According to Ha'aretz coverage on this issue, Israel did not block the installation of the scanner. Rather Israel refused to let the machine be used to scan Gaza exports to the West Bank, and the Dutch had hoped it would be used for this purpose. As a result, the Dutch were angry and cancelled the inaugural gala for the scanner.
Moreover, in a conversation with CAMERA, Guy Inbar, the spokesman of COGAT (Israel's Coordination of Government Activities in the Territories) reported that the scanner has been installed for the last three weeks and that for the last week or two it has been used for strawberries and flowers exports to Europe.
CAMERA has contacted The New York Times to request a correction.
Separately, Ha'aretz's English edition runs a page-one article on an inauguration that did not actually happen.
The article begins:
Under gray and rainy skies, without fanfare, history was made in Israel on Tuesday with the inauguration in Tel Aviv of the country’s first memorial to victims of the Nazis that commemorates not only their suffering as Jews.
According to a press release distributed by the Government Press Office yesterday:
Due to weather conditions, the inauguration of the new commemorative monument for LGBT victims of the Nazi Regime (planned for this upcoming Friday) will be postponed.
The new date for the ceremony is Friday, January 3rd 2014 at 12:00 noon.
For more details, please contact Shirly Keret of the Tel Aviv-Yafo Municipality's Spokesperson's Office at 03-5218108.
Keret told CAMERA that while construction of the memorial was completed yesterday, the official inauguration, in which the mayor will be present, will be held Jan. 3.
December 08, 2013
The Tripod: CAMERA Links in 3 Languages Nov. 27-Dec. 8
Israel’s Security Key to a Stable Middle East
CAMERA Fellow at Drexel publishes a piece about the Palestinian terrorists released by Israel. (in Focus)
Hamas erases Israel from Gaza text books
Hamas has erased the term "Israel" from Gaza's text books in most of the schools of the strip and has substitute it for the words "Zionist entity". (ReVista de Medio Oriente)
Walla and the Strange Case of the "International Media"
Walla reports that a story is being covered by the "International Media." In fact only the Iranian propaganda agency "Press TV" was reporting it. (Presspectiva)
BBC amplification of organised anti-Israel delegitimising campaign
A BBC report on protests against the Prawer Plan conceals – and amplifies - their political agenda. (BBC Watch)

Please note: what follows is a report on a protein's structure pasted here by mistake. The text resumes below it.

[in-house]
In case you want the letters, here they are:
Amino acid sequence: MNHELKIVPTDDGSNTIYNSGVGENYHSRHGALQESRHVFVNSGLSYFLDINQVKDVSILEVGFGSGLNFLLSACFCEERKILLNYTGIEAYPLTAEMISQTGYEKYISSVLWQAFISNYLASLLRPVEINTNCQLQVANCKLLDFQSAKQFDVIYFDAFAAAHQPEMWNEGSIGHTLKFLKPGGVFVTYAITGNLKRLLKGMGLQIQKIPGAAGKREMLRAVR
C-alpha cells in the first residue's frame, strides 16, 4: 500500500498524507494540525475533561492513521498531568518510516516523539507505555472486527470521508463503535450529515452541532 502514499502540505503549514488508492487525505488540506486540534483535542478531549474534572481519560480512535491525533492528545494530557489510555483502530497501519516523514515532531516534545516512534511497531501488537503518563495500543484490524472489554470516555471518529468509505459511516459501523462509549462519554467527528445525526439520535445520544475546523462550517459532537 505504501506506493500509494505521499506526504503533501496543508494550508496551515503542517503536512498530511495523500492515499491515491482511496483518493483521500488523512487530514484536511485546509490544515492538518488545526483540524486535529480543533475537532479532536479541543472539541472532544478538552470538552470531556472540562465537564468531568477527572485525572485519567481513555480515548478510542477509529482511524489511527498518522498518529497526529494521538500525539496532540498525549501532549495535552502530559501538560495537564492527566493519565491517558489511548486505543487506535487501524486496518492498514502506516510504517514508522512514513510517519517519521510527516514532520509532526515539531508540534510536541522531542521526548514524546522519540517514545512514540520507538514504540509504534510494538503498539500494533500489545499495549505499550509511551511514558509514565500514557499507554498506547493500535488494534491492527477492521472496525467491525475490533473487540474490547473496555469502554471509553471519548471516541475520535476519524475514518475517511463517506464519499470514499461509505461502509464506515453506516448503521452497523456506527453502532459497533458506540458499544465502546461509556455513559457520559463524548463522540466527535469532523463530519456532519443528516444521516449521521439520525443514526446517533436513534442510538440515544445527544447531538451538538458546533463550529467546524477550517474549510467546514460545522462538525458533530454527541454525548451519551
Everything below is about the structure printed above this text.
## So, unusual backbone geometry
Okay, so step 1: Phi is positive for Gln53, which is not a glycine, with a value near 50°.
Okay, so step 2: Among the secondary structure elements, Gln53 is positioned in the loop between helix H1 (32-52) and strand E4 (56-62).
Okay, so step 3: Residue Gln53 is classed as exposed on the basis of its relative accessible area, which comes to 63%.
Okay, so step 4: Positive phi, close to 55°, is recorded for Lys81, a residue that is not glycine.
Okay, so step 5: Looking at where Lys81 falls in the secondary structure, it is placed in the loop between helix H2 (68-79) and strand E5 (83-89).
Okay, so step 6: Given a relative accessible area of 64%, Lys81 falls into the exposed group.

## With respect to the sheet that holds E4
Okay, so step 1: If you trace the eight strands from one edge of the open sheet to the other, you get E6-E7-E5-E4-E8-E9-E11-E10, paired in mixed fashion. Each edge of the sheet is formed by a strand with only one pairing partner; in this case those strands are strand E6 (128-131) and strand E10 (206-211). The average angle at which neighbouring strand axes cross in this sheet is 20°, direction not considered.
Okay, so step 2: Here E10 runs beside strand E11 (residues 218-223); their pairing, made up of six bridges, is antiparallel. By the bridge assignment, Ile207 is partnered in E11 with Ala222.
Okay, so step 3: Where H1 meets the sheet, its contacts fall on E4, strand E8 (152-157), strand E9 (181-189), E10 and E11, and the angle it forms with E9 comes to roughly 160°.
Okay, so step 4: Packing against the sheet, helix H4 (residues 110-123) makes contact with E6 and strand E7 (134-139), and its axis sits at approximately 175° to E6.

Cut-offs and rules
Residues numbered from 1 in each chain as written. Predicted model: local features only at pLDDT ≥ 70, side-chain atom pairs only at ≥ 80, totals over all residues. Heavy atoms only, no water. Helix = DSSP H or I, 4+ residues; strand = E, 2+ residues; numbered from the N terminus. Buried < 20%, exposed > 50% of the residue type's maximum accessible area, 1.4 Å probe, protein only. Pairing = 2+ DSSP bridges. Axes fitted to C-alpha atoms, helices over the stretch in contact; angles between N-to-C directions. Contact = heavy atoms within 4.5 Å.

Examining the BBC’s track record on Jewish refugees from Arab lands
The subject of Jewish refugees from Arab lands is under-reported by the BBC. (BBC Watch)
Future Leaders of Israel
Students are ready to fight back with a new, innovative advocacy tool, of which CAMERA is a sponsor. Rena Nasar, former president of the CAMERA Campus Activist Group YOFI at Baruch College explains: (in Focus)
Why let the facts ruin a good headline?
Ha'aretz claimed all of the former heads of military intelligence supported the deal with Iran. We checked. They didn't. (Presspectiva)
Harriet Sherwood refers to future Israeli cities in the Negev as “Jewish settlements”
New Israeli cities which are going to be built in the Negev - as part of a broader plan to settle land disputes with Israeli Bedouins - was characterized by the Guardian's Harriet Sherwood as "Jewish settlements", despite the fact that these communities will be within the state's 1949 boundaries and will be open to citizens of all faiths. (CiF Watch)
Wrong and brief
Colombian newspaper El Universal reported about the alleged Palestinians houses demolition in the West Bank by Israel without quoting any Israeli statement on the subject; and stated that the “Bedouin land” in the Negev is “Palestinian land”. (ReVista de Medio Oriente)
NY Times Inflates Number of Bedouins Facing Relocation
Just one week ago, The New York Times correctly reported that, according to human rights groups opposed to the Prawer-Begin plan to regulate settlement in the Negev, 30,000 to 40,000 Bedouins will be relocated as a result of the controversial initiative. This figure is consistent with the number provided by Israel's Ministry of Foreign Affairs, which notes that 30,000 Bedouin living in unrecognized communities will have to move a short distance, while 60,000 more also living in unrecognized locations will be permitted to stay where they are.
Indeed, the Association for Civil Rights in Israel (ACRI), which opposes the plan, reports: "The plan will lead to the uprooting and forcible eviction of dozens of villages and 30-40,000 Bedouin residents." Rabbis for Human Rights, which also opposes the plan, writes that it "could potentially cause the demolition of 34 'unrecognized' Bedouin villages in the Negev and the forced expulsion to urban areas of 40,000 Israeli Bedouin."